Examining Energy Consumption in the Data Center

By Elizabeth Millard  |  Posted 2008-04-21

Call it the burden of enterprise growth: Even in  a souring economy, the prosperity in many industries is driving expansion, leading to the need for larger, more robust data centers that can handle much more storage than is currently being used.

But at the same time, limited power resources are threatening to check that growth, leaving IT managers and CIOs pondering the best way to scale up without blacking out.

“Virtually everyone with a data center is expecting to expand in the next 30 months, which means we’re looking at broad, industry-wide crisis," says Ken Brill, executive director of the Uptime Institute.

Currently, facility costs have climbed from about 2 percent of budgets to 5 percent. But as power demands increase, Brill estimates that number will zoom up to 30 percent within just a few years, which could shut down other IT functions like application development. That could leave IT managers scrambling to get enough power for storage and servers, since demand for storage and connectivity is expected to increase.

An Environmental Protection Agency (EPA) report from August 2007 noted that IT data centers consume up to 15 to 20 times more energy per square foot than a typical office building. Considering that most cubicles don’t have a high-density server tucked beneath the desk, complete with its own liquid-cooled cabinet, the EPA's observation won’t come as a surprise to any data center managers.

But what should spark interest is the agency’s projection that data center power consumption is due to significantly increase in just the next three years, by at least40 percent. The agency notes that this will stress an already-strained electrical power infrastructure and jack up energy prices that are already uncomfortably high.

One much-discussed tactic is “green” technologies and strategies with a focus on boosting energy efficiency. But not all green storage is created equal, according to Greg Schultz at StorageIO.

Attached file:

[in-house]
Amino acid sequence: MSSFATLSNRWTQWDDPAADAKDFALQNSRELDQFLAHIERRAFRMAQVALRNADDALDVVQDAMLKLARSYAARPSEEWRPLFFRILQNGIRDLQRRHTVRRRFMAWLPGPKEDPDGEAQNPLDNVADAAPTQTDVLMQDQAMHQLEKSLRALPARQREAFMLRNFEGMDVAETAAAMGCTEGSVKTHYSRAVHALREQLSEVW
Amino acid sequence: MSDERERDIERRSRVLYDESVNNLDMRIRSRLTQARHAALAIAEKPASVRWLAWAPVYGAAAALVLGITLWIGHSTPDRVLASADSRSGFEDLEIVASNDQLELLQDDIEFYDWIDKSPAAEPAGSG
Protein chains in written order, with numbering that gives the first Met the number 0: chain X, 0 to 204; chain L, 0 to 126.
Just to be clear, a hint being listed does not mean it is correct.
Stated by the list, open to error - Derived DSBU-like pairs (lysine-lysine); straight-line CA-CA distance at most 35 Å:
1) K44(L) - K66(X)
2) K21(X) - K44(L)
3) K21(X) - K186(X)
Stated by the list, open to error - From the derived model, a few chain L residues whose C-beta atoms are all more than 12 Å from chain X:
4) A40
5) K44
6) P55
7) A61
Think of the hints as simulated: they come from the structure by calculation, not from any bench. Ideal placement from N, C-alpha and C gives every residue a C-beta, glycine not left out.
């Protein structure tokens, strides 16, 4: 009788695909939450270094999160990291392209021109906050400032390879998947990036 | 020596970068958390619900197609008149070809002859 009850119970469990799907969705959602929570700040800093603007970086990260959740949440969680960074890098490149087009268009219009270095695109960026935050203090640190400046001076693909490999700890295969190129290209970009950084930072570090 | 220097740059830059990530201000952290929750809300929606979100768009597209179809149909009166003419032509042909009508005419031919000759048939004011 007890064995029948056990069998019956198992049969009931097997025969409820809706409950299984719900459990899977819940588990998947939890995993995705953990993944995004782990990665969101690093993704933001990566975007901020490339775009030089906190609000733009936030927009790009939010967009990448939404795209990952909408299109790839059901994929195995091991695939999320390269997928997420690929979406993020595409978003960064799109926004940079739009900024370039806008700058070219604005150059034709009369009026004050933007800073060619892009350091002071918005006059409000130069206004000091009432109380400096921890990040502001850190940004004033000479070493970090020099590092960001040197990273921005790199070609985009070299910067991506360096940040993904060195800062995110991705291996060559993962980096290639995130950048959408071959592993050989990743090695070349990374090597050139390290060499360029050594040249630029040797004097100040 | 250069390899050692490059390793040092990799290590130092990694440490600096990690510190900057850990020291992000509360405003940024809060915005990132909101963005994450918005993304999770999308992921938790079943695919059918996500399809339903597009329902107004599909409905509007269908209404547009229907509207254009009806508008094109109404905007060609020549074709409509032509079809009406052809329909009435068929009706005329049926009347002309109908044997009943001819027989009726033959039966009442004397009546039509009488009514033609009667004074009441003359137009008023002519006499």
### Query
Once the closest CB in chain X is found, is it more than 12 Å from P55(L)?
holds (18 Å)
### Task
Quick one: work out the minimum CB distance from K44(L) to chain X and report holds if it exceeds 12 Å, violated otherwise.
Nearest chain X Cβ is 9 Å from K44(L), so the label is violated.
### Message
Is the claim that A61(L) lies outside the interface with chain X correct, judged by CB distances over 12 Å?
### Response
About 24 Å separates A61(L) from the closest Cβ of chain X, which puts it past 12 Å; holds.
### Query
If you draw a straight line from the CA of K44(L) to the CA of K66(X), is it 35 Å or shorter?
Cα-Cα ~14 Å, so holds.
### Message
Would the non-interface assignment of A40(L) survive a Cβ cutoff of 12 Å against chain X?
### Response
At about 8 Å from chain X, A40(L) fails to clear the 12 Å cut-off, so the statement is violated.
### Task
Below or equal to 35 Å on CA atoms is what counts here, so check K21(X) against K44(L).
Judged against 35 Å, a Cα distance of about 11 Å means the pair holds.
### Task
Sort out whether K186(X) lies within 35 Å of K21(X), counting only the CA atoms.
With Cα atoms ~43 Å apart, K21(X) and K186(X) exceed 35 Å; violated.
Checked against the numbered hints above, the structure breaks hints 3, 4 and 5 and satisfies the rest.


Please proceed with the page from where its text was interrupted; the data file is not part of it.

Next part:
In a recent report, Schultz observed that enterprises aren’t just having difficulty with increasing efficiency, but also with current consumption issues. Cooling and floor space challenges have created bottlenecks, he noted, and if they continue, application growth and business information needs could be affected.

Although there may be challenging years ahead in terms of power consumption, some enterprises are finding ways to increase efficiency without having to purchase a significant amount of new equipment.

At Tucson Electric Power Company (TEP), for example, there’s been a focus on server virtualization and consolidation, notes Chris Rima, supervisor of IT systems, adding that the center has virtualized over 90 percent of its servers, saving about 50 percent per year in infrastructure and energy costs.

“The strategy is important for energy conservation,” says Rima. “It was started out of necessity, actually, because we ran out of UPS [uninterruptible power supply] capacity and we needed to buy more time before we could upgrade our older data center.”

Although the virtualization push bought TEP an extra two years, it also proved to be a boon for cost containment and a reduction in power consumption. Also, as a utility company, demonstrating the importance of power savings to customers has been a powerful driver. “It’s important for us to set an example,” Rima notes. “What we’ve done can be replicated in any commercial environment.”

Given its industry, TEP is acutely aware of power consumption issues, and the IT managers there feel that it shouldn’t just be utility companies that are diving deeper into this particular challenge.

“Strategies like provisioning and virtualization are evolutionary,” says Tony Edelbrock, TEP senior systems administrator. "This is a big deal, and it appears to be the future of enterprise computing." He added that companies with environmental constraints -- covering power, UPS, and cooling -- are using virtualization to overcome the limitations, while still managing to provide additional resources to their clients.

In addition to virtualization and consolidation, enterprises should start seriously rethinking how IT issues are handled, Brill says. “This is a crisis that requires radical changes in order to go away, and those changes need to come from the top.”

At most organizations, he says, IT is aware of facilities costs and power-management topics, but COOs, CEOs, and even some CIOs, have little idea that there’s cause for concern.

Brill recommends that companies appoint an “energy czar” whose sole focus is on creating metrics, tracking efficiency and tweaking strategies, such as buying more efficient hardware, disposing of comatose servers and setting ambitious goals.

“Senior-level executives don’t appreciate the magnitude of savings that can occur,” says Brill. “There needs to be a mandate from the highest levels to make people pay attention and develop these new skills at power management. And we don’t have any more time to waste.”